changes to KansasTravel.org and Keith's exploration
& photographing Kansas restaurants, attractions, museums, festivals
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- July 1, 2014:
Mary joined us as we paid a second visit to Sizzles BBQ Bar & Grill
in Shawnee, giving us a chance to sample three more entrees: BBQ brisket
& short ribs, and ribeye steak.
servings were still very large. Part of the brisket and half of the ribs
went home with us. The flavor of both was good, though the meat on the
ribs did not want to come off the bone. The ribeye was very good.
offers a wider variety of side dish choices with out additional charge
than many restaurants. The sauteed portabello mushrooms were very good!
Sizzles BBQ Bar & Grill
- July 3, 2014:
Our first overnight Kansas trip of the summer began after work on Thursday,
when Linda and I headed west to check into the Salina Best Western and
have supper at one of my vary favorite unique Kansas restaurants, the Renaissance
Cafe, which occupies part of an old high school in Assaria (population
make a serious effort to get back to this fine Italian restaurant at least
once a year. I really love their steak venato (ribeye dredged in seasoned
bread crumbs and grilled, then smothered in a savory sauce of brown mustard,
shallots, mushrooms, cognac and cream), but decided to try the steak Porcini
this time. It is also a ribeye, but dry rubbed with spices, grilled and
served with porcini mushroom butter. It was good, but the Venato is still
am going to have a tough decision the next time. Linda gave me a taste
of her salmon with a sun dried tomato, shallot, garlic, thyme, white wine
& butter sauce and it was some of the best salmon I have every had.
each had the Gorgonzola romaine salad and we split a crispy calamari starter
& a dark chocolate bread pudding with bourbon vanilla sauce which left
my mouth felling wonderful.
settling in for the evening, we stopped at another unique Kansas restaurant,
but this one is at the other end of the spectrum. The 92 year old Cozy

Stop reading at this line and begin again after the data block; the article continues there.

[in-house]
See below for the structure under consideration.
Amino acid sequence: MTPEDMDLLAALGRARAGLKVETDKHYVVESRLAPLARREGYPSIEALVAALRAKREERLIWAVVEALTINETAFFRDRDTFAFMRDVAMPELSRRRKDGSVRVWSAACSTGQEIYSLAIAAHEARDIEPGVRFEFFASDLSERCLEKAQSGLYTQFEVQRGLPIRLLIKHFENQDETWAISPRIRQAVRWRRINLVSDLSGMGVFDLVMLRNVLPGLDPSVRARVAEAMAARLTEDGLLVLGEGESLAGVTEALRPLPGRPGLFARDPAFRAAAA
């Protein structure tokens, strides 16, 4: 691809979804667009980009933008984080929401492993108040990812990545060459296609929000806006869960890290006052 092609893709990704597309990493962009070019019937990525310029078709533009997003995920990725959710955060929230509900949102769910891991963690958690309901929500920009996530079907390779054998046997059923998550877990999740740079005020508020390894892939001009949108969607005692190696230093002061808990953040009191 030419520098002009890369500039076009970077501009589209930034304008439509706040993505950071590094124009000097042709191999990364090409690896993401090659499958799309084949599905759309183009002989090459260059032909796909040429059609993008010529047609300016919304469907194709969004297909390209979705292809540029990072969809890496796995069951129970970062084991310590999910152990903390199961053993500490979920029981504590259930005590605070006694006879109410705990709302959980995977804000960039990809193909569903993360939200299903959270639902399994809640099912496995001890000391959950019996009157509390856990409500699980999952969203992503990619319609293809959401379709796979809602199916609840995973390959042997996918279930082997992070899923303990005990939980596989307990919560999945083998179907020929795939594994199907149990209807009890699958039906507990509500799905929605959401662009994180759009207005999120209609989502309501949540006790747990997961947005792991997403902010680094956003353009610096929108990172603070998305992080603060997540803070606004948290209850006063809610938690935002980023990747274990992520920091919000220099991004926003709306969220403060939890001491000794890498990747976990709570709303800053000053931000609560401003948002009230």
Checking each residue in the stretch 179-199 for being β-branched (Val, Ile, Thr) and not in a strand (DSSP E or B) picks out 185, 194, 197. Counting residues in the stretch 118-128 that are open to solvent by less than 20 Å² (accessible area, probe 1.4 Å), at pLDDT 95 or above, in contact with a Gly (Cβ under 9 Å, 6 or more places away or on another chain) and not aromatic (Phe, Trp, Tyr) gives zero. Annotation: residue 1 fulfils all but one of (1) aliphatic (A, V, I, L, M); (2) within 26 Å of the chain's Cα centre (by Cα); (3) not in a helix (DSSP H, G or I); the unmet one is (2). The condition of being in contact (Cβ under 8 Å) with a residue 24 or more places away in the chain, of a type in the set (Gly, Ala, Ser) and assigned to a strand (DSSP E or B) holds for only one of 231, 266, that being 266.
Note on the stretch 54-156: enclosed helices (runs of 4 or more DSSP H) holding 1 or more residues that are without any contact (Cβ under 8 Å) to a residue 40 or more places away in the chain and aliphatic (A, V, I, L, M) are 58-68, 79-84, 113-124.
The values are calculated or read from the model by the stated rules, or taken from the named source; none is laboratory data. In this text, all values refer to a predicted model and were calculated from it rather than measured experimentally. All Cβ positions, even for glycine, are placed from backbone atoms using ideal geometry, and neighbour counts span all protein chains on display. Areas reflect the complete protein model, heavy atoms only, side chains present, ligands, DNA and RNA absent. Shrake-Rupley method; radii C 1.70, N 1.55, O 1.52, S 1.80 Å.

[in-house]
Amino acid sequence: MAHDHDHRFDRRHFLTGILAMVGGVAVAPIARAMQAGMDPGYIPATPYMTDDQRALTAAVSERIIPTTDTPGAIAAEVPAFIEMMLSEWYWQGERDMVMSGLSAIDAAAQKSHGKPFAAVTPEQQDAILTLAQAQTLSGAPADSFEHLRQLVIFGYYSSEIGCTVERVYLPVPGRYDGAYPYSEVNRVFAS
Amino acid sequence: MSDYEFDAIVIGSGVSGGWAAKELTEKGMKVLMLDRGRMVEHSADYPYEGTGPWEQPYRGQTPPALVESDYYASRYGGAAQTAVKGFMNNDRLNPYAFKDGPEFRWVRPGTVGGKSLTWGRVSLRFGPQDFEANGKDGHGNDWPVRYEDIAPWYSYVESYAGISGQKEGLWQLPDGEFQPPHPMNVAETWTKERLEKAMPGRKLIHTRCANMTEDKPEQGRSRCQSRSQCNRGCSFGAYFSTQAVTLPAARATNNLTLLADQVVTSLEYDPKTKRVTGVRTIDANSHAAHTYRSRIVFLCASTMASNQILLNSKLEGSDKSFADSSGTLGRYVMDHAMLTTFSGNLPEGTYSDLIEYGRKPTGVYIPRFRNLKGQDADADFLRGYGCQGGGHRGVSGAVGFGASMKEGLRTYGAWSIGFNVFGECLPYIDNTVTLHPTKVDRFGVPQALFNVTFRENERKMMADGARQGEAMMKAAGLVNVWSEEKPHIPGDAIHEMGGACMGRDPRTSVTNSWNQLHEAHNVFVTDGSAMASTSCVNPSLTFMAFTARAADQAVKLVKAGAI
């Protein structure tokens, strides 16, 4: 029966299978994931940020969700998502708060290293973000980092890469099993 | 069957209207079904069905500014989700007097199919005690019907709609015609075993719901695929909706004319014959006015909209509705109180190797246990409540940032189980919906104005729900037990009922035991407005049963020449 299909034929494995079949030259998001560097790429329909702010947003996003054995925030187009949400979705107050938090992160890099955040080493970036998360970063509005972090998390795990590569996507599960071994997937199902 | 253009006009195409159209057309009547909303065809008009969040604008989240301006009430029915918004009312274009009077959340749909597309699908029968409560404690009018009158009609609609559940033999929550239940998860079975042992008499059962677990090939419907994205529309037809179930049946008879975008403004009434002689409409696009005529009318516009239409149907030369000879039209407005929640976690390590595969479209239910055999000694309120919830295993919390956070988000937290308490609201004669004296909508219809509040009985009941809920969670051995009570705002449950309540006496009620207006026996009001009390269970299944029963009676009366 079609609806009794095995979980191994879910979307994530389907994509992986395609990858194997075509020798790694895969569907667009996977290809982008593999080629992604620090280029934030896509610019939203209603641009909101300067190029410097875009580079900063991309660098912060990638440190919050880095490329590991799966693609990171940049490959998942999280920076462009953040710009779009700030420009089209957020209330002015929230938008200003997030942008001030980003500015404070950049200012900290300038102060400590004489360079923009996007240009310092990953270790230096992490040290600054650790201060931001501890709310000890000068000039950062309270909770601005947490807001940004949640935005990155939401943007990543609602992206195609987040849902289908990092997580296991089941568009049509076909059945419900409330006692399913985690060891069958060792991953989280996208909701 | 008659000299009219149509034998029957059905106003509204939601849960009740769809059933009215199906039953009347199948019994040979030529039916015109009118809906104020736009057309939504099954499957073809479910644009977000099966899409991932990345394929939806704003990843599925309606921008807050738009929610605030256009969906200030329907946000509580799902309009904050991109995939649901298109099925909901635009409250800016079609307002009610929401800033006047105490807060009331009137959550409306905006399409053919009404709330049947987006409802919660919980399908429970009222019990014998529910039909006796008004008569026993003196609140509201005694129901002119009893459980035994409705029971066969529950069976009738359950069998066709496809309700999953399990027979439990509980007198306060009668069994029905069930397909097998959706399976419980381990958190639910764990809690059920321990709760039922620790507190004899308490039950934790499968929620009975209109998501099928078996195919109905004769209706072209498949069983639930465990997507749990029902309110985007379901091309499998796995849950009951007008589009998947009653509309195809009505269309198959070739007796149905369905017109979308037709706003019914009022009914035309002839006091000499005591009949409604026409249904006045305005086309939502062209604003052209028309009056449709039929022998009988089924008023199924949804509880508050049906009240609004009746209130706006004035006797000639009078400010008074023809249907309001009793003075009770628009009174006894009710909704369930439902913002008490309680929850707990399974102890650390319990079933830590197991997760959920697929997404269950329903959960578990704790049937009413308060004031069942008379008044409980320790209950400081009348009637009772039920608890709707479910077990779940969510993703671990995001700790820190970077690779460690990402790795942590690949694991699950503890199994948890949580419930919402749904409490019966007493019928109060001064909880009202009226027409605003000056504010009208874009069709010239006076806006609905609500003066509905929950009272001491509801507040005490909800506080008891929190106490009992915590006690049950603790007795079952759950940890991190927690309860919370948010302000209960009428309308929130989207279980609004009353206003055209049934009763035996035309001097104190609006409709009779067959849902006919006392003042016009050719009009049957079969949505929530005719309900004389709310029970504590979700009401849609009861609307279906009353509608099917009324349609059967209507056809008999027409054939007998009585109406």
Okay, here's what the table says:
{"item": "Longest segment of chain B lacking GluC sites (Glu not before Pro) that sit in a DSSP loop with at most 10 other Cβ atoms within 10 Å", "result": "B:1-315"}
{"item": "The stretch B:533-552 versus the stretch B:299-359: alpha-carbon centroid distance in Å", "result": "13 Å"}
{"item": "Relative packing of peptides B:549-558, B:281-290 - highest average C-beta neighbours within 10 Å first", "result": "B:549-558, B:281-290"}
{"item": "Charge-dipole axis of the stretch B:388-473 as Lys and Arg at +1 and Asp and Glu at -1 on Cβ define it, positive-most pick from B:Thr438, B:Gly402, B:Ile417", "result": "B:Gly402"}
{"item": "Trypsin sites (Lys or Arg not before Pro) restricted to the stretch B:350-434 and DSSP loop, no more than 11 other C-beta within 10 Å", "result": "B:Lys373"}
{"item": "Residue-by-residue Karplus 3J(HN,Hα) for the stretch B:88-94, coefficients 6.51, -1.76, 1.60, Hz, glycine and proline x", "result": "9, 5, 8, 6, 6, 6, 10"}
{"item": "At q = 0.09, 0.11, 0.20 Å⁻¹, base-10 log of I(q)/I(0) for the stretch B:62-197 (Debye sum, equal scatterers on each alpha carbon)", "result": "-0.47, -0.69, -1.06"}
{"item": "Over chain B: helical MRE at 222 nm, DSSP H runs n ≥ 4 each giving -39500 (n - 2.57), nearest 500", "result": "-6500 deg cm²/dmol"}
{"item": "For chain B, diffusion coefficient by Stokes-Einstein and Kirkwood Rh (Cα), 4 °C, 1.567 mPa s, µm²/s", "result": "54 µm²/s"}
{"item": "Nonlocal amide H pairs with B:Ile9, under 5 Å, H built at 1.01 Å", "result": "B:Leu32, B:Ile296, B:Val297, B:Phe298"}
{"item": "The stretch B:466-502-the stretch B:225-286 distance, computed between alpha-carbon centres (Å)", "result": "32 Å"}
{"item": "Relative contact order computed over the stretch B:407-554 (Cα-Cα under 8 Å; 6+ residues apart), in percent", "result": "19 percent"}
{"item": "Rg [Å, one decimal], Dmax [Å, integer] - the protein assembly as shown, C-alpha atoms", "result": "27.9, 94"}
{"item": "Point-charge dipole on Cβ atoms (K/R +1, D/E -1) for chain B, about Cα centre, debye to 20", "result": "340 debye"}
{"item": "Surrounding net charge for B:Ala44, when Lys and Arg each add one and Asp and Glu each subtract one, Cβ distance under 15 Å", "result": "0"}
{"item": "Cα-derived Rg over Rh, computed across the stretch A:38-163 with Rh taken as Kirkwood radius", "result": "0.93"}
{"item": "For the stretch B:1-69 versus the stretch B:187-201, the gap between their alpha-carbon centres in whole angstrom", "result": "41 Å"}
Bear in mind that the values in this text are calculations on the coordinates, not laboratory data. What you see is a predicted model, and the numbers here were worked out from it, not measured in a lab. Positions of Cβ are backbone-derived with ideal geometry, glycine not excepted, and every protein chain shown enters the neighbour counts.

Inn has just six stools and the only hot food prepared is one ounce
burgers. After the wonderful meal I had just had, I couldn't bring myself
to have a burger, but checked on the current menu and took a few pictures.
The interior of the restaurant always smells like hamburger & onions,
and after just a couple of minutes inside, Linda could smell the grease
and onions on my clothes and hair when I returned to the vehicle.
- July 4, 2014:
WI had been careful to plans things for July 4th, to include attractions
and restaurants which would be open on the holiday, but when we arrived
at the "Cathedral of the Plains"
(Saint Fidelis Catholic Church in Victoria, Kansas) where I intended to
do new interior photography, there were many vehicles parked in front and
people in dress clothes were walking in. We pushed on to Hays.
what we share the most, was not the things she chose to do, but that she
went off and did things like that on her own, rather than doing things
that were of less interest to her, but which she could have done with others.
I do that and over the years I have learned that the whole idea of doing
those types of things is foreign (pun not intended) to most people. I've
had people tell me they have never seen a movie by themselves or dined
out without being with other people.
to the trip... In Hays we first visited St. Joseph Catholic Church. Ellis
County has a large number of magnificent stone churches which were built
by the Volga German immigrants when the area was at its peak. The current
building were usually about the 3rd structure at a given location and are
very impressive. I already have pages devoted to several of them, but a
service had been in progress when I last tried to photograph this 1887
building. The interior was interesting, but not nearly as impressive as
the outside and I don't think that this one is going to get a page of its
nearby Ellis County Historical Society's museum turned out to be very nicely
done. The displays were attractive and professional looking and the descriptions
talked about the items on exhibit, their context and how they related to
other items. This is a big contrast to the many historical societies whose
artifacts are just setting there more or less at random and have labels
which tell you more about the person that donated the item, then about
what it is or represents.
was blown away by the work of Ellis County's renaissance man. Justis Bissing